October 8, 2016 5:55 am
A part of me is always reluctant to return to a country when we live in such a vast world. Each trip seems like a perfect opportunity to tick a country off my ever-growing list. However, when planning this trip, there was no doubt that we would be heading to India and I’d be spending at least 6 months in a country that I had previously visited.
India was the country where I cut my travelling teeth. It was my first trip outside of Europe and its sheer intensity blew my mind, and by the end I knew that travelling was going to be a huge part of my life. After that I became completely captured by the diverse subcontinent, almost too much in some cases as Rosie always likes to remind me of the times just after we met where I started almost every story with ‘This one time in India…’. So my choice to return was not purely based on the super cheap cost of travel and the fact Rosie hadn’t been before, but more that I had always known that I would return, to explore the places I missed and to experience the country again without any time constraints.
The destination might be the same but over the 3 years since my last visit I’ve changed from a naive but curious introvert to a much more open and adventurous traveller. And India, a country which never seems to stay still for a second, is ever-changing. I was excited to see how my relationship with India would develop this time.
India’s Hostel Boom
The first thing I noticed is that India has undergone a travel revolution over the past three years. As it’s slowly becoming a more established destination for western backpackers, combined with a huge growth in young domestic travellers (usually Mumbaikars), a new hostel scene has literally exploded. Three years ago there were only 2 hostels in India, both in Goa, but since then there has been a development of hostel chains, such as Zostel, and now there’s a hostel in almost every city. Although a part of me is sad that these hostels are now the go-to choice for travellers over family-run guesthouses, nothing is permanent, and the social aspect that hostels provide can be something special.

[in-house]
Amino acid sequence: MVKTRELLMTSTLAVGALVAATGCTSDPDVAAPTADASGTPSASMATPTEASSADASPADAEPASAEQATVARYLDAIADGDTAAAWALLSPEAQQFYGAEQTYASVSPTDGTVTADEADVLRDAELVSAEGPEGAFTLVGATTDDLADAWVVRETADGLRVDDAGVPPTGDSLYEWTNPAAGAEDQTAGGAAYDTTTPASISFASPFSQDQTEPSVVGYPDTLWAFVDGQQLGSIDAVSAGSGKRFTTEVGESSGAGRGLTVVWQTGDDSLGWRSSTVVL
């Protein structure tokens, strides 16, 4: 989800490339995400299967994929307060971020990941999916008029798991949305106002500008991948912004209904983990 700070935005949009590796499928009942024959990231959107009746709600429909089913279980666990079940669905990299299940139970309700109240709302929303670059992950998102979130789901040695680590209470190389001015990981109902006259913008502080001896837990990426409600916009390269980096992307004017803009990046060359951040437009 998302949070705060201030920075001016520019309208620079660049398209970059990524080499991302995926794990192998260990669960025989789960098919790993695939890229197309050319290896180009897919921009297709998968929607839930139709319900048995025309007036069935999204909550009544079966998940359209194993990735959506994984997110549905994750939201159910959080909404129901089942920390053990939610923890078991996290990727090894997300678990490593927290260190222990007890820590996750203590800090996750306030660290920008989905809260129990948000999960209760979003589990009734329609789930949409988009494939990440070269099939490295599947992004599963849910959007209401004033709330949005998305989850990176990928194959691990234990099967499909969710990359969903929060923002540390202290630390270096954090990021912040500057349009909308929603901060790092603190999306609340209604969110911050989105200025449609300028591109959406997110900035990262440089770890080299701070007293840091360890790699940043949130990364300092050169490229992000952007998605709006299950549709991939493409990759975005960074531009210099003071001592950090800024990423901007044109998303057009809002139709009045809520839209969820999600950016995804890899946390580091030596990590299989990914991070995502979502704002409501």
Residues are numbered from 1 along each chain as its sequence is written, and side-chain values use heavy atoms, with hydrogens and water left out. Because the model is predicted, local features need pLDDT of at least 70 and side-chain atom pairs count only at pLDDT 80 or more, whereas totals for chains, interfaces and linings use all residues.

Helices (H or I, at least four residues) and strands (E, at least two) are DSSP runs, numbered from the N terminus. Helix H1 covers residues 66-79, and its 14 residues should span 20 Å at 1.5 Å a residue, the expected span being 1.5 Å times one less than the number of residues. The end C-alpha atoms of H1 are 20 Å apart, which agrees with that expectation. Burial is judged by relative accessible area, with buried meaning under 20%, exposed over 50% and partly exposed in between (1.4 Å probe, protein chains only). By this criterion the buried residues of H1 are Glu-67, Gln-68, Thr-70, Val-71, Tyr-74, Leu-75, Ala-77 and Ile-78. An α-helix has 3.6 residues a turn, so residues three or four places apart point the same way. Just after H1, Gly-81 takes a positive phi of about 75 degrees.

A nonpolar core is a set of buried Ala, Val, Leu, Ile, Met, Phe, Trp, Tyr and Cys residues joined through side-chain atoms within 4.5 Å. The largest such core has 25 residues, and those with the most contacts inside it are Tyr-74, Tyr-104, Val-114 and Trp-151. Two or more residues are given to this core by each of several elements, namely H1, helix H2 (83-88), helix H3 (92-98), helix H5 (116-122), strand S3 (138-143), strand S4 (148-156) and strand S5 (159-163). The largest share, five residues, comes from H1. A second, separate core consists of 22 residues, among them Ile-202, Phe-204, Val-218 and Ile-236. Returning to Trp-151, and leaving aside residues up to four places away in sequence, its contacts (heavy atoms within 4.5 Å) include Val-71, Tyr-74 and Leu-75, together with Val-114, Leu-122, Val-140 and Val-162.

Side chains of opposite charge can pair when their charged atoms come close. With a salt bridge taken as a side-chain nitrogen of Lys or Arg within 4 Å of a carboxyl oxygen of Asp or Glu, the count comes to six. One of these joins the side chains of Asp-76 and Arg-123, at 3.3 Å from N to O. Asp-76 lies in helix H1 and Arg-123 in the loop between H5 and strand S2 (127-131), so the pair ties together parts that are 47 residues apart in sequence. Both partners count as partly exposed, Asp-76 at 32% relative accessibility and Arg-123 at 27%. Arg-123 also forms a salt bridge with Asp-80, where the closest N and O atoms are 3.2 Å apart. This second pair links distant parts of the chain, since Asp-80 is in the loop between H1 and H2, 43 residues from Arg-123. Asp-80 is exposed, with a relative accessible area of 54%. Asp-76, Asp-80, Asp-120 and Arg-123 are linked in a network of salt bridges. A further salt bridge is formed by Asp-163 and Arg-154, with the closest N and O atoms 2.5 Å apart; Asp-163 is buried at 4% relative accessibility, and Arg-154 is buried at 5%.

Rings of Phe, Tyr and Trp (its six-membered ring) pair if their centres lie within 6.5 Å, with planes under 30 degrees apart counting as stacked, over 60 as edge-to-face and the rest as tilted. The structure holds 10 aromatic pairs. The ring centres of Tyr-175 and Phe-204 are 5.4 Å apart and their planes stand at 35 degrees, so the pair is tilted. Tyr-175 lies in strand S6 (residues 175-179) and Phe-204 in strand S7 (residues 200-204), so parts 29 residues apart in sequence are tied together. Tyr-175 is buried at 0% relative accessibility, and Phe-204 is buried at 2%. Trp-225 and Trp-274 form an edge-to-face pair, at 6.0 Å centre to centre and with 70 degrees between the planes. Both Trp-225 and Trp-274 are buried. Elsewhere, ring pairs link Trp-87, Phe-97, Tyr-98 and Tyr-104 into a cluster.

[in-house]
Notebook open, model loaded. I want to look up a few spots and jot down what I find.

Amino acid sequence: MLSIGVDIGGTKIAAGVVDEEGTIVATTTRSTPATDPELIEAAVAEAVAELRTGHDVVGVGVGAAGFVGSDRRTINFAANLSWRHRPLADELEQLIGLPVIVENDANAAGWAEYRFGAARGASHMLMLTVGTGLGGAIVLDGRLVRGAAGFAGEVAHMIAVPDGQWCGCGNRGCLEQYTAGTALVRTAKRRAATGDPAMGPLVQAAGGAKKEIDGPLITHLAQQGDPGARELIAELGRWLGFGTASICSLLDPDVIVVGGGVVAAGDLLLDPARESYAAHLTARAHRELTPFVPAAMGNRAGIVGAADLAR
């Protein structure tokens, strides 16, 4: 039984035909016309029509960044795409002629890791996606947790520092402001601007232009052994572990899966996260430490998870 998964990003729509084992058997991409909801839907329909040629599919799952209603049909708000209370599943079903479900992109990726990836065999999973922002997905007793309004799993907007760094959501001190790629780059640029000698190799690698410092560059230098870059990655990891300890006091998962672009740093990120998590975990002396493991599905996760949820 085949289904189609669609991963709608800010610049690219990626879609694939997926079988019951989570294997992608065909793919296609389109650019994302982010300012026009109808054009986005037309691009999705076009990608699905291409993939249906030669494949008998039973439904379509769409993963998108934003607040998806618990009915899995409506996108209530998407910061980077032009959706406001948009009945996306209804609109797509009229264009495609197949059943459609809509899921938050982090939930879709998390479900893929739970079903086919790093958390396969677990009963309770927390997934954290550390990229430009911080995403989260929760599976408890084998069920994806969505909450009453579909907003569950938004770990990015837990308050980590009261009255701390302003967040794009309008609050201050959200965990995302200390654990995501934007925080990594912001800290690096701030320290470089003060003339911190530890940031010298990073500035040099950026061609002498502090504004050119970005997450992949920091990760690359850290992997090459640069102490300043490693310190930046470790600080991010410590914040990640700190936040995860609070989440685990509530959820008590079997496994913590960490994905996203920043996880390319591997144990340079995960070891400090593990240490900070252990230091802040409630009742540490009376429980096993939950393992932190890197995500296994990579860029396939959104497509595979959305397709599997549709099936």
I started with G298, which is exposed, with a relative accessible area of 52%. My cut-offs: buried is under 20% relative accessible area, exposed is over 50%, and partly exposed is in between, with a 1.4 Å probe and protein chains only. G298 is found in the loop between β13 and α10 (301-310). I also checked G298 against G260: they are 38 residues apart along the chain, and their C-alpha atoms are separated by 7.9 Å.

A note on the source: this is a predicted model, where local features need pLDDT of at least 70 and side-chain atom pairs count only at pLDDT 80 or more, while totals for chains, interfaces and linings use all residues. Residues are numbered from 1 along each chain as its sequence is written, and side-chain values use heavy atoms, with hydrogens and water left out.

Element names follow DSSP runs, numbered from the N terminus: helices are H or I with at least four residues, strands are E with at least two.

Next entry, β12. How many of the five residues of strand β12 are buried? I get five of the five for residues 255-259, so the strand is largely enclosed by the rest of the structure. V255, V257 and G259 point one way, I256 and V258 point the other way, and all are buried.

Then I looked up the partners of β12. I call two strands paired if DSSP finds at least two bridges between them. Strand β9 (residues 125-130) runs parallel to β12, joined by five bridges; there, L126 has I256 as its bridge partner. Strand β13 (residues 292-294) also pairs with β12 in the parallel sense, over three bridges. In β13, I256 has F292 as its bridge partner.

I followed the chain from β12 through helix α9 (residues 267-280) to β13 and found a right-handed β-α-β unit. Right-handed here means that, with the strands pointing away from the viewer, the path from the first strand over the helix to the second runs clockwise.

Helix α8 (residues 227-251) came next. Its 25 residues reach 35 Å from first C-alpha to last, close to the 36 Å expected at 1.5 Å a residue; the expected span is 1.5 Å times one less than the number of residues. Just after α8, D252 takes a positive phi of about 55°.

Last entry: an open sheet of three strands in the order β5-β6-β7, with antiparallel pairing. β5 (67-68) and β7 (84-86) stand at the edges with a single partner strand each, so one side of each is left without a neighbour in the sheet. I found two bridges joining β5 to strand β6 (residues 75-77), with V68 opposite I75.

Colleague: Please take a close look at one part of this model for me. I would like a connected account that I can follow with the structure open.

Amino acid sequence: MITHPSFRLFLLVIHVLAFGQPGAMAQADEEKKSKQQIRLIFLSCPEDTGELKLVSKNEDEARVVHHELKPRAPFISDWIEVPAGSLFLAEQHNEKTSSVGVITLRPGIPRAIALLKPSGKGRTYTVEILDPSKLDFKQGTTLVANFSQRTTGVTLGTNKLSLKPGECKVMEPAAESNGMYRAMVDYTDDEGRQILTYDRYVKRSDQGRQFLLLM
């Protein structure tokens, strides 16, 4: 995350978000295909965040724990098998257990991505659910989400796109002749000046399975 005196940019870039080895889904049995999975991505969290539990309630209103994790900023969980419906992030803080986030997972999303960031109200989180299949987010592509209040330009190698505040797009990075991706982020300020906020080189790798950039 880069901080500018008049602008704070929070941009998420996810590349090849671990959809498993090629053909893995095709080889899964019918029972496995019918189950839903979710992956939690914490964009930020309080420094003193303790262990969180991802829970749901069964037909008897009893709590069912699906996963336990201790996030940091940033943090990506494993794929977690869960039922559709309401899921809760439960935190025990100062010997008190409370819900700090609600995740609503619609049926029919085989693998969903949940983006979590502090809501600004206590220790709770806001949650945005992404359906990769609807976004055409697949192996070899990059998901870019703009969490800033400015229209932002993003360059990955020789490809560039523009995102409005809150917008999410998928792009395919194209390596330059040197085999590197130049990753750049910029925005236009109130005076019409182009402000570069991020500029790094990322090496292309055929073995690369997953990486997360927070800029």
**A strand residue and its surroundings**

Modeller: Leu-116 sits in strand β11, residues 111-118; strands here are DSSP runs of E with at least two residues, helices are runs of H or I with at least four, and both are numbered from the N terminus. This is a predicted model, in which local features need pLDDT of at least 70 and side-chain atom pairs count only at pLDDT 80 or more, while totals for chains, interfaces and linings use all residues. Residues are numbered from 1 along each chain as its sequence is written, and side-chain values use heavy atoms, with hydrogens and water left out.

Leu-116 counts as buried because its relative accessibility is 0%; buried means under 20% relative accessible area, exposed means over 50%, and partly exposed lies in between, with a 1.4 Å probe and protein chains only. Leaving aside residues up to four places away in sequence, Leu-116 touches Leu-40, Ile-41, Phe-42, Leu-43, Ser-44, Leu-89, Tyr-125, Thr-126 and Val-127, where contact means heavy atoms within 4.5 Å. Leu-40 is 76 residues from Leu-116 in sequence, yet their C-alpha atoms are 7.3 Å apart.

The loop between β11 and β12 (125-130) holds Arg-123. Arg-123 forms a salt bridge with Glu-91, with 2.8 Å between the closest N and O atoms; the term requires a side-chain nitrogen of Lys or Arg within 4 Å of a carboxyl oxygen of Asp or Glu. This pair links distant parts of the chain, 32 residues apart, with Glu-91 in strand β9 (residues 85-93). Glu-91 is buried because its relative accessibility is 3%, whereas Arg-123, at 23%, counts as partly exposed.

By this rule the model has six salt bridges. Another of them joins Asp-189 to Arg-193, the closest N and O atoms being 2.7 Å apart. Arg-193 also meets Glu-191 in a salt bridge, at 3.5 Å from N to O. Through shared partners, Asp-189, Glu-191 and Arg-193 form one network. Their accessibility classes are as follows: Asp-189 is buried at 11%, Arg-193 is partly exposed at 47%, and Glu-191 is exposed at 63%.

Embracing the chaos
Delhi can be an intense city on first visit, but after spending time in other crazy cities such as Ho Chi Minh and Manila I almost enjoyed the chaos this time around. Not being phased by its vivacity, on my second visit I was able to see the beauty behind the blaring horns and the smog, simple things like an old smiling Punjabi man sat amongst a crumbling house or sleeping rickshaw-wallah. For me these are the things that make India special and they’re so easy to miss.
Connecting with the local people
In india people are everywhere and so many of these beautiful people have stories to tell – it’s all about daring to ask. Travelling has helped me lose a bit of my innately British conservatism and made connecting and talking to the people of India that we meet on the street something we do now without question. The stories we hear and the photos we take are the inspiration for our #LocalFaces area of this blog.